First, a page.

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China, Vatican spar over ordination of bishop as contentious issue again roils relations
A statement issued Wednesday by China’s State Bureau of Religious Affairs accused the Holy See of obstructing the development of Catholicism in China by wielding the threat of excommunication over the ordination of a new bishop of the northern city of Harbin.
“We urge the Vatican to rescind the so-called ‘excommunication’ threat and return to the correct position of dialogue,” the statement said.
That followed a note from the Congregation for the Evangelization of Peoples in Rome that China’s candidate, the Rev. Yue Fusheng, did not have papal approval and risks excommunication if he agrees to be ordained, along with any bishops participating in the ceremony.
Without papal approval “divisions, wounds, and tensions are created within the Catholic community in China,” the note said. It also stressed that the pope’s insistence on naming bishops is purely religious, not political, and that he was in no way seeking to interfere in the internal affairs of a sovereign nation.
Bishops, priests and parishioners are reluctant to attend the ceremony, expected to be held Friday, and security is tight around the Harbin church, according to AsiaNews, a website with close Vatican ties. Those claims could not immediately be verified.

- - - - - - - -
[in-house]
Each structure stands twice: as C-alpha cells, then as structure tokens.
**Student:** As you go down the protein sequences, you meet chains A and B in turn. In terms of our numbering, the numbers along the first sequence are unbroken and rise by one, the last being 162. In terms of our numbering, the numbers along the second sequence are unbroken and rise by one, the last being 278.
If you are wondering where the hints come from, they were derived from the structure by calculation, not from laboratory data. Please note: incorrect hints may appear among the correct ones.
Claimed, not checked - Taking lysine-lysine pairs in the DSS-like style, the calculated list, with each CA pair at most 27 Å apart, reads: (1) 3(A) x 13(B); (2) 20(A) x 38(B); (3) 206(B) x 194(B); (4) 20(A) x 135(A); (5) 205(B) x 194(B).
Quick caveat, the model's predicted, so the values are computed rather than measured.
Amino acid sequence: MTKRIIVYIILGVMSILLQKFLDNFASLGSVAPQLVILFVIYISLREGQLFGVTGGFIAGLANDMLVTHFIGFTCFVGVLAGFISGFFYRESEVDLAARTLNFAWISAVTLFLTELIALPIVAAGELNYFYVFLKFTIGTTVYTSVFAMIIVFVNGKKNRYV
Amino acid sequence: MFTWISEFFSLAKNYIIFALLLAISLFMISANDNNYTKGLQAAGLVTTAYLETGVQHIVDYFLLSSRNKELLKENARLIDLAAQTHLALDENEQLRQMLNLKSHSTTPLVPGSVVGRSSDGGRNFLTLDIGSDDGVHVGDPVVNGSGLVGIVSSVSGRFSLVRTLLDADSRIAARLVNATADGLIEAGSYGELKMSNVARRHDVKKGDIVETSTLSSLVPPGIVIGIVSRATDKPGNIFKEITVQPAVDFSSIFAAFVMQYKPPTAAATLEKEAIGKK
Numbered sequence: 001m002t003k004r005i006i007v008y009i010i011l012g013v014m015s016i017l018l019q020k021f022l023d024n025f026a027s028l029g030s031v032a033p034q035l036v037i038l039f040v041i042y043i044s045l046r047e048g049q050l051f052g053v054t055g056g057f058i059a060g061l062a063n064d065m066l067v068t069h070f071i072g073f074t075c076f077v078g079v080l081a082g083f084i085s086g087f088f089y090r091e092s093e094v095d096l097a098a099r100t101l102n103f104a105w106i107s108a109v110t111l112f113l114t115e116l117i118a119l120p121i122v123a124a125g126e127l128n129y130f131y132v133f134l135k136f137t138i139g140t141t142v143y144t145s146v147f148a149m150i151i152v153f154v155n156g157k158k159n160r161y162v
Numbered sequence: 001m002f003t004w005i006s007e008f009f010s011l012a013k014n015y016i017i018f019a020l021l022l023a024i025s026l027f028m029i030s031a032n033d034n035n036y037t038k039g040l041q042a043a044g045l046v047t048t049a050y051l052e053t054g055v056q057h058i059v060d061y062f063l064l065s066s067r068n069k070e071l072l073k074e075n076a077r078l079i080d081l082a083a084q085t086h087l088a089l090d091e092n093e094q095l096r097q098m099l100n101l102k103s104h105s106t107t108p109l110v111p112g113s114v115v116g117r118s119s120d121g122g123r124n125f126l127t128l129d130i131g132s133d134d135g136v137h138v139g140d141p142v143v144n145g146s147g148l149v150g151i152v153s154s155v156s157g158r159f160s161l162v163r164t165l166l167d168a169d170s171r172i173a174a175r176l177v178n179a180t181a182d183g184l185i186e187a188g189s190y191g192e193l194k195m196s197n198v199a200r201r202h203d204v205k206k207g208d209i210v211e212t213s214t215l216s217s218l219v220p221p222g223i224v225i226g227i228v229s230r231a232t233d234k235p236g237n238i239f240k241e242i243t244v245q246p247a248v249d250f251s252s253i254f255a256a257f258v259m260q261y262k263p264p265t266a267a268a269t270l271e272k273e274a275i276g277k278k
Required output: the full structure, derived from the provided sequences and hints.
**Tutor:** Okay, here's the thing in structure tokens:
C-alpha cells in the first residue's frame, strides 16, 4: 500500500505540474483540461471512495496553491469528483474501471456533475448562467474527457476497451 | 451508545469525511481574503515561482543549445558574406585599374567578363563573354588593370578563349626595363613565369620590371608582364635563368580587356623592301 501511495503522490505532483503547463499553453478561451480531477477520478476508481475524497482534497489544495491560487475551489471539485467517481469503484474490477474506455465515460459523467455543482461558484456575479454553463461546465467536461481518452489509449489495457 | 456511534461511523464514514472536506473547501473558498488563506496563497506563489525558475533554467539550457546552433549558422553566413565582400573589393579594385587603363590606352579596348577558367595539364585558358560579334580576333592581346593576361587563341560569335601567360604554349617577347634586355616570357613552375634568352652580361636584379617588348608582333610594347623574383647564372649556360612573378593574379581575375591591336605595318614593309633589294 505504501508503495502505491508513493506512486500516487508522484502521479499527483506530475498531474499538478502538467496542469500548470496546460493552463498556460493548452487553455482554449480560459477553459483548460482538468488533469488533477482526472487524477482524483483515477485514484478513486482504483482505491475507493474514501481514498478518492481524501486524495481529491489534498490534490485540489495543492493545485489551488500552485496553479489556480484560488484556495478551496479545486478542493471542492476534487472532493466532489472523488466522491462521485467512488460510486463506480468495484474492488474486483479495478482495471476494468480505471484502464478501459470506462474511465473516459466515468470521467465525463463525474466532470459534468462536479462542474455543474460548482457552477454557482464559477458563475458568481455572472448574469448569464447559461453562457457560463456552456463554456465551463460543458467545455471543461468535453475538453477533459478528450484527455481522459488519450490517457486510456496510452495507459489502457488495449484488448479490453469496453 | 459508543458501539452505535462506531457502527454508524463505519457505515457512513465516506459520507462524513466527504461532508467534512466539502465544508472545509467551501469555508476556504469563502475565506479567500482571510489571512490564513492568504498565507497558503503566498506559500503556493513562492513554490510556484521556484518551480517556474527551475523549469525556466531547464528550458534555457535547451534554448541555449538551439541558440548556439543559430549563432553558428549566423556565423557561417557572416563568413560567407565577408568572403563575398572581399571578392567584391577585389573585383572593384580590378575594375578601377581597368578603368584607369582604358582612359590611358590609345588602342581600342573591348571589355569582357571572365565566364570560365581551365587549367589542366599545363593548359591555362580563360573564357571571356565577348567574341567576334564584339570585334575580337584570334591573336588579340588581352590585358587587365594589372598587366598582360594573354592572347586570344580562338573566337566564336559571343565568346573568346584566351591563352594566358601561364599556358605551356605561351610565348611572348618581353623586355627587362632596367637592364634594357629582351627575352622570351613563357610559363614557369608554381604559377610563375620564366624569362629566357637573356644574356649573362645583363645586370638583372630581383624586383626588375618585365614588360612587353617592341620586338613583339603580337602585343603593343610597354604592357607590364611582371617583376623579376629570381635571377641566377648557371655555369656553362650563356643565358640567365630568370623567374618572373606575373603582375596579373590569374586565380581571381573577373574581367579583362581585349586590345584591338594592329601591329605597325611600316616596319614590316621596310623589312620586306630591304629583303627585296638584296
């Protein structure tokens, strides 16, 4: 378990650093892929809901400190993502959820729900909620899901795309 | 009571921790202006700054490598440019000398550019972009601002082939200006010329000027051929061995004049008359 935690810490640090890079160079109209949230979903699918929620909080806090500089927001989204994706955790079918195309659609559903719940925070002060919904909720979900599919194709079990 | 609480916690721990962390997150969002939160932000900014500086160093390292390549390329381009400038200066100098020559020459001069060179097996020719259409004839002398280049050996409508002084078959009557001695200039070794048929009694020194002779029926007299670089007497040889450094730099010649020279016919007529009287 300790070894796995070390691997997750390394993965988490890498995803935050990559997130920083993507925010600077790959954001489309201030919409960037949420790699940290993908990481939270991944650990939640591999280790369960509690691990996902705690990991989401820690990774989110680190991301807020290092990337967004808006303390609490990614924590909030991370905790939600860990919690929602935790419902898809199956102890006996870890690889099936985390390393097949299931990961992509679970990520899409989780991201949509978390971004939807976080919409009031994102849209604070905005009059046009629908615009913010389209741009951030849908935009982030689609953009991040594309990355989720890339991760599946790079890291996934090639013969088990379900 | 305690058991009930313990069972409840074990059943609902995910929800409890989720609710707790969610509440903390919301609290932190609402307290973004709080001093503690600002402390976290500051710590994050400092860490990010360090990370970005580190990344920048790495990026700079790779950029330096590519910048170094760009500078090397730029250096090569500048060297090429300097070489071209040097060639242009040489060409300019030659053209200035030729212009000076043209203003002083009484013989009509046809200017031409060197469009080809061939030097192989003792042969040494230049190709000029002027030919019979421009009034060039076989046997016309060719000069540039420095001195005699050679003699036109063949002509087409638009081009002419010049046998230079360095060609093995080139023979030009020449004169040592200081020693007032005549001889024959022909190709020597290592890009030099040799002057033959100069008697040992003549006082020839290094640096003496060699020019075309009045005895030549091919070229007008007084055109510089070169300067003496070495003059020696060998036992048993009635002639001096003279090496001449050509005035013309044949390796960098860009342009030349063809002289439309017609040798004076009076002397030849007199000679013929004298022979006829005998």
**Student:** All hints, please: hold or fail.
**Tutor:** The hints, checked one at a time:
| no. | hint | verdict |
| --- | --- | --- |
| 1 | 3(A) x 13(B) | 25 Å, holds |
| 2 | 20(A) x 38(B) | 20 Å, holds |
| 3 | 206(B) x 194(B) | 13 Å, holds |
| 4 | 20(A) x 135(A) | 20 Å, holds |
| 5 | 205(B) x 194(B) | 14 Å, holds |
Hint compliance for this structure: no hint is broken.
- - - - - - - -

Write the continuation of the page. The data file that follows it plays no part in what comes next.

China’s officially atheistic communist government ordered Chinese Catholics to cut ties with Rome more than five decades ago, and Beijing and the Vatican have no formal relations.
In China, worship is allowed only in state-backed churches, although millions of Chinese belong to unofficial congregations loyal to the pope.
The sides have repeatedly sparred over the right to appoint bishops, with Rome insisting that can be done only with papal approval, as is the case in other countries and regions. China calls that interference and says its own congregations have the right to choose bishops, although the process is ultimately directed by the Communist Party-controlled Patriotic Catholic Association. [More]